Those Facebook Games We Play and Why We Play Them

What feeds our love of Facebook games?

Posted Jan 11, 2014

Millions of people around the world play one or more of what the gaming industry calls “casual” video games. Unlike their alternative the “hard core” types of video games that involve targeting enemies, the casual video games present you with challenges in which you must make combinations of matching items or create a system to manage everything from farm animals to meals. Some games are virtual card or board games in which you compete against someone else in your friendship circle, or even a random stranger.  Compared to what you hear about those hard core games such as Grant Theft Auto or Call of Duty, you feel pretty safe that by playing with these innocuous, if not downright cute, forays into fantasy, you’re probably pretty safe.

You may also have heard about the cognitive benefits of video game playing. Ironically, some researchers believe that it’s actually the first-person shooter games (one type of hard core game) that give your attention the greatest mental challenges and growth. Because they present rapidly moving targets coming from multiple directions, they prime your ability to integrate complex information and then quickly prepare your response. Games using Nintendo Wii also get votes of approval from cognitive researchers because many of them get you physically moving, as well as mentally more active. However, the people most likely to benefit from such game modalities, namely aging adults seeking to keep their minds sharp, don't actually like those games. Researchers in the field report low levels of compliance when they ask older adults to practice the games at home in between test sessions.

There’s far less known about those highly popular casual video games. Although they’ve spread like wildfire throughout social media, particularly Facebook, they’ve been relatively overlooked by cognitive researchers. A few years ago, as I wrote about in an earlier blog, I was introduced by one of my undergraduate research assistants to Bejeweled Blitz, one of the classics and most well-established Facebook game.  She showed me how to play it, but alas, my score was pathetically low. I figured I’d see if I could redeem myself in her eyes and get at least a few thousand points (a bare minimum). As I fumbled my way through the one minute of rapid-fire matches flickering across the game board, I realized that I was getting some neurons to fire that normally didn’t have quite that amount of pressure placed upon them.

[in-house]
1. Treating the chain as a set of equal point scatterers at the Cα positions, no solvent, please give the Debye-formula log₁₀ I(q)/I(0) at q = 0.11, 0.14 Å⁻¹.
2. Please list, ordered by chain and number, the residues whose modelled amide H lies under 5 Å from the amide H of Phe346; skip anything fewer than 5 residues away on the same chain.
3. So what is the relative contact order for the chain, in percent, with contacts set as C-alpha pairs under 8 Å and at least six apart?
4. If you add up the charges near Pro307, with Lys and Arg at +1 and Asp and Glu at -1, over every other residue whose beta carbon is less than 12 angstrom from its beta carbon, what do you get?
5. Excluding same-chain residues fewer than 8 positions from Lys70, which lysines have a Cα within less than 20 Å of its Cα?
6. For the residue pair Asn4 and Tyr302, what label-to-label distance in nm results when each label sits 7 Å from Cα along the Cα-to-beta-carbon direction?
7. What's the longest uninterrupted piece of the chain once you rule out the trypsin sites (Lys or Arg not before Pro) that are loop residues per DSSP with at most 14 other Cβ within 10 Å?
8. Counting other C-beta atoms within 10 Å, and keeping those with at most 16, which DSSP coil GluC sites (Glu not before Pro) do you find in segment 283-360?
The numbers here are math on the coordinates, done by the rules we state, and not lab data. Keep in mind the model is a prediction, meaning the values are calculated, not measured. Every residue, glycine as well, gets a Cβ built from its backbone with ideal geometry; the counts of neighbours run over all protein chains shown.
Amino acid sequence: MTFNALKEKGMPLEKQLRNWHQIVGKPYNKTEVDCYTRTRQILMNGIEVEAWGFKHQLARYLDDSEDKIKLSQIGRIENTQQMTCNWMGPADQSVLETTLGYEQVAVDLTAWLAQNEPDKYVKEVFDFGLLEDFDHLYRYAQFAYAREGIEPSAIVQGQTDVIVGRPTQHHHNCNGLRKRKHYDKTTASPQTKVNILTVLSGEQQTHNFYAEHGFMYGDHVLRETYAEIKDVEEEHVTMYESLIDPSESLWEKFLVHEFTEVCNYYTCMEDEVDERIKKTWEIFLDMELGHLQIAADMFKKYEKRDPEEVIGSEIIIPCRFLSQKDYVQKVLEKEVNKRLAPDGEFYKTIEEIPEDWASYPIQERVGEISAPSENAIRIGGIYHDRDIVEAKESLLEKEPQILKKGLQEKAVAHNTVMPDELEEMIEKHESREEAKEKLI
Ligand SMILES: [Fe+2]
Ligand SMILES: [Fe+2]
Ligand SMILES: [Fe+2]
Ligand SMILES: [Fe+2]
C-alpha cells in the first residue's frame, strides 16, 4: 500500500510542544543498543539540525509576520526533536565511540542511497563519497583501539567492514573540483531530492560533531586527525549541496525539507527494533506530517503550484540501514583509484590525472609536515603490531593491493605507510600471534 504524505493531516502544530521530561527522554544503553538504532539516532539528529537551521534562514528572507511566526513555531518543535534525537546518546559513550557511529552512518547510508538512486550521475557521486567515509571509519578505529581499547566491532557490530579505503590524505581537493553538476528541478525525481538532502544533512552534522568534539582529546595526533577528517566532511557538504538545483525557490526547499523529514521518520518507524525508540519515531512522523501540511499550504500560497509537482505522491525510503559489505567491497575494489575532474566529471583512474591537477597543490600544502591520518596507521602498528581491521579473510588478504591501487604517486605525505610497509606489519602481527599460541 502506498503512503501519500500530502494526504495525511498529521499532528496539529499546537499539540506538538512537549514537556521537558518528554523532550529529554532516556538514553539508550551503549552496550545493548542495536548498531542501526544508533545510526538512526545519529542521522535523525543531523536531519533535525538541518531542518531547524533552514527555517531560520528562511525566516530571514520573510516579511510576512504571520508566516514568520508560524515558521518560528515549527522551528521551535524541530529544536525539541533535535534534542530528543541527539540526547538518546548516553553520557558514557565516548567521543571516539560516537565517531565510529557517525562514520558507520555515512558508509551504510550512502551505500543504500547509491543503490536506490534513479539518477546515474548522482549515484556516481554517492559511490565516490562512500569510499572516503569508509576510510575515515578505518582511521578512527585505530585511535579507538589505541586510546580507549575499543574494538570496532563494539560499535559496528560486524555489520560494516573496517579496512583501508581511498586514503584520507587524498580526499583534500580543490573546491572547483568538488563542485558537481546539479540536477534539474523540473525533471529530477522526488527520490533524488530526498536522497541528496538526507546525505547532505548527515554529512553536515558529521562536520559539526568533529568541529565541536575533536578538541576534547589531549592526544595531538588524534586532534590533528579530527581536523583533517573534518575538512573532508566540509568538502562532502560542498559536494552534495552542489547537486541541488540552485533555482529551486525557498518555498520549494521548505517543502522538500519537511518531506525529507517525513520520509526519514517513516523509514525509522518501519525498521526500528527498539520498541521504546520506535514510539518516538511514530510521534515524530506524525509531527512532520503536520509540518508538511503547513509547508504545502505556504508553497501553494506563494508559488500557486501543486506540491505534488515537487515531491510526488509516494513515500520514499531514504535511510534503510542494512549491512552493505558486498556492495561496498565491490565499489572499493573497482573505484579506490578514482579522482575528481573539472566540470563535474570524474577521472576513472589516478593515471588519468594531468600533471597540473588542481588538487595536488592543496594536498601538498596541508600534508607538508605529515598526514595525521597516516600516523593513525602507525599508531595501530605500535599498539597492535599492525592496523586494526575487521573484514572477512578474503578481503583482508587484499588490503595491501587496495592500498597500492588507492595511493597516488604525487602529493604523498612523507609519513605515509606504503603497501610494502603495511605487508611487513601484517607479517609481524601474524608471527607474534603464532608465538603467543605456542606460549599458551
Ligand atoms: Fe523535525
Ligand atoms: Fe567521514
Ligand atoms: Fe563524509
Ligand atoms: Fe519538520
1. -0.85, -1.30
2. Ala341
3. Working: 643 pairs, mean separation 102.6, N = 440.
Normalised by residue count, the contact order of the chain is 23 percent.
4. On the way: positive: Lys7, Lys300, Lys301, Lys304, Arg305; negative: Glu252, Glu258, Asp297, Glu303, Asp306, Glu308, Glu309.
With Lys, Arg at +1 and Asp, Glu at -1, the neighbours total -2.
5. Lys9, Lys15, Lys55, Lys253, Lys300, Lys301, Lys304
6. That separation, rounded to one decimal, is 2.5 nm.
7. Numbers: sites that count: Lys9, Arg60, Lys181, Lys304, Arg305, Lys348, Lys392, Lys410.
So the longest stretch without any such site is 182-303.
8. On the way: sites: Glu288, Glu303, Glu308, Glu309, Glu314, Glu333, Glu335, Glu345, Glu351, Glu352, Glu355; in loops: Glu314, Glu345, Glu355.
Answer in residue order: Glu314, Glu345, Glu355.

Before long, I decided that playing Bejeweled Blitz would be “good for me” and, as you might imagine, I rationalized my way into longer and longer sessions. Fortunately, I resisted the urge to spend any more than a few minutes at a time on the game. I also realized that if I felt it was tightening up some loose connections in my brain, maybe the game could actually have beneficial effects on the cognitive skills that psychologists care about including attentional focus and response time. Perhaps casual video games such as Bejeweled Blitz can provide a needed mental workout for people seeking to sharpen their brains. However, would older adults like these games enough to practice them and, in turn, reap those cognitive benefits?

Given my interest in the psychology of aging and, in particular, on how people cope with physical and cognitive changes,there seemed to be plenty of resons for Bejeweled Blitz and similar “tile-matching” games to benefit the aging mind. They present rapidly-changing arrays and require the player to analyze these patterns and prepare responses within milliseconds. Because reaction time and attention are highly subject to aging’s effects, the constant practice provided by the Bejeweled-type of game might prove beneficial in reversing some of those effects.

This was the background to what soon became a series of studies that took me in some very unexpected directions. With the help of Bejeweled Blitz’s developer, Pop Cap, I conducted an online survey in which I asked users to report on their patterns of video game use as well as basic information about themselves (age, gender, education, occupation, and perceptions of the game and their patterns of game play). The results came thundering in, and overnight I had over 10,000 responses.

The results of this survey were just published in the journal Cyberpsychology, Behavior, and Social Networking with my very valuable undergraduate research assistants, Stacy Ellenberg and Kyoko Akimoto.  Here are some of the surprising results we uncovered:

  1. Lots of people play casual video games, and some do so for lots of time. One-third of our sample qualified as “heavy” players, meaning that they played several times a day for 31 to 60 minutes at a time. However, many people seem to limit their video game playing, or so they say.
  2. The oldest group constituted the heaviest players. So much for thinking that youth are whiling away the hours playing video games.  Over 40% of those 60 and older fit the criteria for heavy video game players. This supported my idea that tile-matching games might be preferred enough by older adults to become viable cognitive training platforms.